The doughnut-shaped laser is also reversible – so it can either repel or attract objects.
In future, these beams could be used to study atmospheric pollutants, or to retrieve delicate particles of material for examination.
Previous tractor beam experiments used the momentum of light particles (or photons) to impart motion. But this latest device relies on the energy of the laser heating up the particles and the air around them.
The researchers used a so-called hollow laser beam in a laboratory at the Australian National University (ANU) in Canberra. The laser is bright around the edges and dark at its centre.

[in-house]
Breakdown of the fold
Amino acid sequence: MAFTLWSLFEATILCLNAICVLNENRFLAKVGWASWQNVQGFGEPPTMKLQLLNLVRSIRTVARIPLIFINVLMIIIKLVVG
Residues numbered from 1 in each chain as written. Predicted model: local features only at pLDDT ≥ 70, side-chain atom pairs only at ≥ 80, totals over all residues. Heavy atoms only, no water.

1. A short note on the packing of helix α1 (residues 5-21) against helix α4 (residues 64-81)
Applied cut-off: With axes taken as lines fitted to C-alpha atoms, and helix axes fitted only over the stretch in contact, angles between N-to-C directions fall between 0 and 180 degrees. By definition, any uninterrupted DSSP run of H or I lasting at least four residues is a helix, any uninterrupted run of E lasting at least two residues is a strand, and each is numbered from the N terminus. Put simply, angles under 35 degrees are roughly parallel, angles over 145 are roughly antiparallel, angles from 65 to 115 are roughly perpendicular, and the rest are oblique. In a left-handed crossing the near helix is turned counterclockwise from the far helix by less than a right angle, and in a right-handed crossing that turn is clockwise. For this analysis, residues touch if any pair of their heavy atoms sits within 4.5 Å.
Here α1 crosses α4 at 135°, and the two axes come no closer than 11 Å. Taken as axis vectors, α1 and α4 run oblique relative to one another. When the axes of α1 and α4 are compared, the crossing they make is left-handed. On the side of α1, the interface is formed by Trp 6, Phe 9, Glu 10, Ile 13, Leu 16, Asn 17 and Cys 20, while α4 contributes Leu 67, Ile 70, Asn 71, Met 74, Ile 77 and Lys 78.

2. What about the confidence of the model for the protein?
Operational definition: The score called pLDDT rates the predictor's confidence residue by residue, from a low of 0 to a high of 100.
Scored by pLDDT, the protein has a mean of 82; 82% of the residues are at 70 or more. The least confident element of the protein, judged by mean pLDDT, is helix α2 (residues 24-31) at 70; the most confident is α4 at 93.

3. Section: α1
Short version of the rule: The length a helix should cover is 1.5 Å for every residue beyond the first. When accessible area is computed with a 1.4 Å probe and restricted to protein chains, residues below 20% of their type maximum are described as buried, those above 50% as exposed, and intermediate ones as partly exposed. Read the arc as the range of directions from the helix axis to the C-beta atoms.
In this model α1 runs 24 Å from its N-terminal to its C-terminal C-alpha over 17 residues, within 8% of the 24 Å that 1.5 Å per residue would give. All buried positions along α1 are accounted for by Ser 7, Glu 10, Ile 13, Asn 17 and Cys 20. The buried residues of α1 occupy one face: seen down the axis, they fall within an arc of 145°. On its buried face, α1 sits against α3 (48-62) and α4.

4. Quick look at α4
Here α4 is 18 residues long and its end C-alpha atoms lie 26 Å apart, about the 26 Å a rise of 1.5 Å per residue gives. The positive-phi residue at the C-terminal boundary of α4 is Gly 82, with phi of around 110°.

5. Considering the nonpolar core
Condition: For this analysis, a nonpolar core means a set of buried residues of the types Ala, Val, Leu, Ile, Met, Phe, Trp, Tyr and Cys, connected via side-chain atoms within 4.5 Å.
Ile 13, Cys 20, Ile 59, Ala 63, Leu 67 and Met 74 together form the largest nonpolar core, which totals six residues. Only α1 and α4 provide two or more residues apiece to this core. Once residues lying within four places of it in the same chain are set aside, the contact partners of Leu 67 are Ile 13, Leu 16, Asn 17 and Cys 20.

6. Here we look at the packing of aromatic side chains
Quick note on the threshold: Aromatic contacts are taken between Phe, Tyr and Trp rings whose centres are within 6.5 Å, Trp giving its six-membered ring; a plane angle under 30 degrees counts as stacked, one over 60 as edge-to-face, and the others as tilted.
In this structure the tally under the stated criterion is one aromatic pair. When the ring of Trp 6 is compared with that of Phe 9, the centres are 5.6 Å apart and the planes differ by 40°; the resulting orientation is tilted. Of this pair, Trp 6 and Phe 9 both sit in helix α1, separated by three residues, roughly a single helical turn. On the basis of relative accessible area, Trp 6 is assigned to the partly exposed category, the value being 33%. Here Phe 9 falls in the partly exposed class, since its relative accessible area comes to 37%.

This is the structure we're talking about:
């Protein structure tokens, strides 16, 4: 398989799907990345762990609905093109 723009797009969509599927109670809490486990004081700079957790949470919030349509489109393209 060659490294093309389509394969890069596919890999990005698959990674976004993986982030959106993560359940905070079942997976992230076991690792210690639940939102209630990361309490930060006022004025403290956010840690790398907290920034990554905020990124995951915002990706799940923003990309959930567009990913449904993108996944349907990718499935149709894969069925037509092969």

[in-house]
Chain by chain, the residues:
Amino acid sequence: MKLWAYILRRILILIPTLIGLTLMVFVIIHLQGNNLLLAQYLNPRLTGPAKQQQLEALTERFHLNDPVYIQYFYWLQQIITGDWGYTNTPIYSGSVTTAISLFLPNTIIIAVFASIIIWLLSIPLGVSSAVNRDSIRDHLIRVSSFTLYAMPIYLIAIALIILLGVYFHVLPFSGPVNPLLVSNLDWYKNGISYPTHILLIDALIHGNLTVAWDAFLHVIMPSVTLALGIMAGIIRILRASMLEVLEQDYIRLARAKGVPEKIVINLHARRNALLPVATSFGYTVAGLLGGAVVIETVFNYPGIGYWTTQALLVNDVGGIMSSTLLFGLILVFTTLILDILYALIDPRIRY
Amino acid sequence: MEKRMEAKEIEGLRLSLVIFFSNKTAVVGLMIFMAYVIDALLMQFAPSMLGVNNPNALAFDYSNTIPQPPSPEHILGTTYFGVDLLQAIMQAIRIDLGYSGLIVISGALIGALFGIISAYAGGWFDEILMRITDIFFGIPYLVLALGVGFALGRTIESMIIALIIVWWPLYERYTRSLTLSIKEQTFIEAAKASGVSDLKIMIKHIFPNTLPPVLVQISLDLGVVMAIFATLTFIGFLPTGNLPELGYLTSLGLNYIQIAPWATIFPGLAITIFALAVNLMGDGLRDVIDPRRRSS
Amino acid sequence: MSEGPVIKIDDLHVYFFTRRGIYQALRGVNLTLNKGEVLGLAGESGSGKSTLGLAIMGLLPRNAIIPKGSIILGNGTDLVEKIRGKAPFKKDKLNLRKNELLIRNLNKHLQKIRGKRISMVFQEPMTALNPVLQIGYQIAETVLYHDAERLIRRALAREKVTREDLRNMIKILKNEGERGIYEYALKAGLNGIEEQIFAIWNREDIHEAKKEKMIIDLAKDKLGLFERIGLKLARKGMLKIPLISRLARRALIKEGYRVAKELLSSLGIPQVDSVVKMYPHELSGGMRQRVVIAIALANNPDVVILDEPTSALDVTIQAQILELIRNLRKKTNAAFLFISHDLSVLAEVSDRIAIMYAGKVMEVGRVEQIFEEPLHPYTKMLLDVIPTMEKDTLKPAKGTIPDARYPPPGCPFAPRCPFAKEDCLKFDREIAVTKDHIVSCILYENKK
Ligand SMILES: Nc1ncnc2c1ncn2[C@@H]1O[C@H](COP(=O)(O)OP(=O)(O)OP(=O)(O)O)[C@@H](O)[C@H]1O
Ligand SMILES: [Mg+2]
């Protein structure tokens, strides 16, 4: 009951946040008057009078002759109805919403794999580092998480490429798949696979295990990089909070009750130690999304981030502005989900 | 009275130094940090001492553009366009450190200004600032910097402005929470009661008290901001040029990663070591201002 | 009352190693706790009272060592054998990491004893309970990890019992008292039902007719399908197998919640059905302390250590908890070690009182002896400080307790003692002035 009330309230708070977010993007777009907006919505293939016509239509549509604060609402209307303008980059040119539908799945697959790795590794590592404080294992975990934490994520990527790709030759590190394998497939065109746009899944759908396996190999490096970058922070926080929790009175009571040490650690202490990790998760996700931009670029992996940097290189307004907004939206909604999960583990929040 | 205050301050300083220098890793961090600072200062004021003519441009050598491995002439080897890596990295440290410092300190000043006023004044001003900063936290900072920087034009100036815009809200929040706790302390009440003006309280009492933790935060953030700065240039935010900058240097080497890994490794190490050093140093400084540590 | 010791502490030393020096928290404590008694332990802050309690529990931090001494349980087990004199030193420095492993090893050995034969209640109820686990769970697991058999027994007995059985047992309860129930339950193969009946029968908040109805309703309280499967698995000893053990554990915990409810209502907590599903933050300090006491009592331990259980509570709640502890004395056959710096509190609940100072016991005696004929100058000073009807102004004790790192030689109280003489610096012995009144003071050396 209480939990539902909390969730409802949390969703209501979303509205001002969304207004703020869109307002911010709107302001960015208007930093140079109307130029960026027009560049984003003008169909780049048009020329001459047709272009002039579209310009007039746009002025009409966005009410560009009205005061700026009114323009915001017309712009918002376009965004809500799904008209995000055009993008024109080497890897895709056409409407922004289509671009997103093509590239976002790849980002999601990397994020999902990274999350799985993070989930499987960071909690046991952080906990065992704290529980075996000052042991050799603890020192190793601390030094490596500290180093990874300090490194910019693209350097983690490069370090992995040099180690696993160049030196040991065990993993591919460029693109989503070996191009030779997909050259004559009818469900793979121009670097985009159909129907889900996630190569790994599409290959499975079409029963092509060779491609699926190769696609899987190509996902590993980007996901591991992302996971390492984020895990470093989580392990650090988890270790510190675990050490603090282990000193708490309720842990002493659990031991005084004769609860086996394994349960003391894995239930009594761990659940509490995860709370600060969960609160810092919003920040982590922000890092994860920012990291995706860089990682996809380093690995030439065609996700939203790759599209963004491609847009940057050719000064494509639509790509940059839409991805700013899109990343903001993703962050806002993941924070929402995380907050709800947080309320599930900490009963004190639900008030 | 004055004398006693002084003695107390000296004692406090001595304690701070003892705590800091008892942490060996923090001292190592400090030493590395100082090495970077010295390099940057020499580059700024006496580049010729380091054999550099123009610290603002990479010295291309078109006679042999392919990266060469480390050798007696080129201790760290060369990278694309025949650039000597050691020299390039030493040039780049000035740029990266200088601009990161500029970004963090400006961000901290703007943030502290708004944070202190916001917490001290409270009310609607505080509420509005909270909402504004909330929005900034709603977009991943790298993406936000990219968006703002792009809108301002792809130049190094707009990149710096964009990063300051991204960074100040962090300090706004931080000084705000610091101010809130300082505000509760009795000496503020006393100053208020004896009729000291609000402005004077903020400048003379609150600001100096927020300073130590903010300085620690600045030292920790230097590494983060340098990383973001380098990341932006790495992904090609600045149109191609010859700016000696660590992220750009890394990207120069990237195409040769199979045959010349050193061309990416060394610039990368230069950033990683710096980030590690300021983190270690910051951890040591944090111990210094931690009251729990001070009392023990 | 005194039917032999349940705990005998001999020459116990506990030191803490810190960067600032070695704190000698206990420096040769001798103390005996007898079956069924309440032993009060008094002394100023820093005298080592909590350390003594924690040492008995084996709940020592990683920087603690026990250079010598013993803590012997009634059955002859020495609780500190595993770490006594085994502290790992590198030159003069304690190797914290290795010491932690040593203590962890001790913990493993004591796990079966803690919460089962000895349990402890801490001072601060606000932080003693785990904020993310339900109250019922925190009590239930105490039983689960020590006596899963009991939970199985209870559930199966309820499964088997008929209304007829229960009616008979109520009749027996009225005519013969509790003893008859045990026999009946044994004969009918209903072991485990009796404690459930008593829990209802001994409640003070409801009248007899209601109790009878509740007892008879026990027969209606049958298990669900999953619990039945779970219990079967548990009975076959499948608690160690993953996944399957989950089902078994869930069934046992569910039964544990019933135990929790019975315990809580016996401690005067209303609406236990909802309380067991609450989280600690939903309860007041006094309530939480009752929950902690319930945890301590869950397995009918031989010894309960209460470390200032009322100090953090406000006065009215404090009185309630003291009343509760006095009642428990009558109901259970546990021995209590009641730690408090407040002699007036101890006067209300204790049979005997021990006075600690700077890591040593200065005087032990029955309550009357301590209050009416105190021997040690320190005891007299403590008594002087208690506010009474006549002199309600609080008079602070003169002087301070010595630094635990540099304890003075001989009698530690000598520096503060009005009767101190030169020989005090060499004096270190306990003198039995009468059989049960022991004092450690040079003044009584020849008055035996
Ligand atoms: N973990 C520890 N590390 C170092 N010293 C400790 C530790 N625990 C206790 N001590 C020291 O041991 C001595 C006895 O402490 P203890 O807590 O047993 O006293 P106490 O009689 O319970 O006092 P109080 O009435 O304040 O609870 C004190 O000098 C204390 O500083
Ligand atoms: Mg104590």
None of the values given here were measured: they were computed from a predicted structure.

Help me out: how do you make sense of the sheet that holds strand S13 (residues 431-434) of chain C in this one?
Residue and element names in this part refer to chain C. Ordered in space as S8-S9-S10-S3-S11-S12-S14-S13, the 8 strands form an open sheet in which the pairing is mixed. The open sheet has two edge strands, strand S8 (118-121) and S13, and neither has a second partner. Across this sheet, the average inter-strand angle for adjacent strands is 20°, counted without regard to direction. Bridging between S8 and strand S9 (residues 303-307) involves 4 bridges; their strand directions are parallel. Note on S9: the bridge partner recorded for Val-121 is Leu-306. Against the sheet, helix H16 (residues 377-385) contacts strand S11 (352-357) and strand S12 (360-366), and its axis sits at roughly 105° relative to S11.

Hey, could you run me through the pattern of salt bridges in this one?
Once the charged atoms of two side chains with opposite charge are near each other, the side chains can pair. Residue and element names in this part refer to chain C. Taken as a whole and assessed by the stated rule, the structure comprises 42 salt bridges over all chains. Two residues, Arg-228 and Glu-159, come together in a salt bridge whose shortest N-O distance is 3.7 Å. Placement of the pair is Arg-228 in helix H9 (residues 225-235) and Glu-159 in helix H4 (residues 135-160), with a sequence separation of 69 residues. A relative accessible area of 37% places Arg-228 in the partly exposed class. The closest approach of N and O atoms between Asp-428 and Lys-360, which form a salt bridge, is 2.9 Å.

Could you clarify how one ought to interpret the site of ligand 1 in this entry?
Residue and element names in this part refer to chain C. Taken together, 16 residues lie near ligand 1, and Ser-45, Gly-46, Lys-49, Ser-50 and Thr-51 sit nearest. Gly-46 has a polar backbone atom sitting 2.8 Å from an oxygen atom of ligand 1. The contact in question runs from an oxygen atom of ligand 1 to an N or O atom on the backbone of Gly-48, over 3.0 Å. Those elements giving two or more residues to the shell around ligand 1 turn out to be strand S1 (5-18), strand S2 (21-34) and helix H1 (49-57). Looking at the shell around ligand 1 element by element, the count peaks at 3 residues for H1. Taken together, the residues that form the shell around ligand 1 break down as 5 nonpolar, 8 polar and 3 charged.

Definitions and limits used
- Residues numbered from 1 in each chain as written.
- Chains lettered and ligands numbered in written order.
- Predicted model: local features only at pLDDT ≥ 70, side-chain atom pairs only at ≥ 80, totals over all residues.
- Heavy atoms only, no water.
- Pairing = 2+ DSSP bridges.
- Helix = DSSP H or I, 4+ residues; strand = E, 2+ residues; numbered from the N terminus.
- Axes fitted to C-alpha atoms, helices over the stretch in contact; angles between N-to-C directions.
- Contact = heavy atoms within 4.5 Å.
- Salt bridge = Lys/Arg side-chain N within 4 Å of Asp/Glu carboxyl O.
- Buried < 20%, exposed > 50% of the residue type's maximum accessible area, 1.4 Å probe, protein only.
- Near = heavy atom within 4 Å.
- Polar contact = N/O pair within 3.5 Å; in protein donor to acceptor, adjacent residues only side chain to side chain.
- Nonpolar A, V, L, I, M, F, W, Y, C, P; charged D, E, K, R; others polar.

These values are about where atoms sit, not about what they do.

They then used it to manipulate hollow glass spheres about a fifth of a millimetre across.
The particles are trapped in the dark centre of the beam. Energy from the laser hits the particle and travels across its surface, where it is absorbed creating hotspots on the surface.
Air particles colliding with the hotspots heat up and shoot away from the surface, which causes the particle to recoil in the opposite direction.
By changing the laser beam’s polarisation (the direction in which the light waves vibrate) they were able to move the position of the hotspot to manipulate the glass spheres.
“We can move smoothly from one polarisation to another and thereby stop the particle or reverse its direction at will,” said co-author Dr Cyril Hnatovsky from ANU.
The technique used by the researchers is versatile because it requires only a single beam to push or pull the objects.
The researchers can also imagine the effect being scaled up.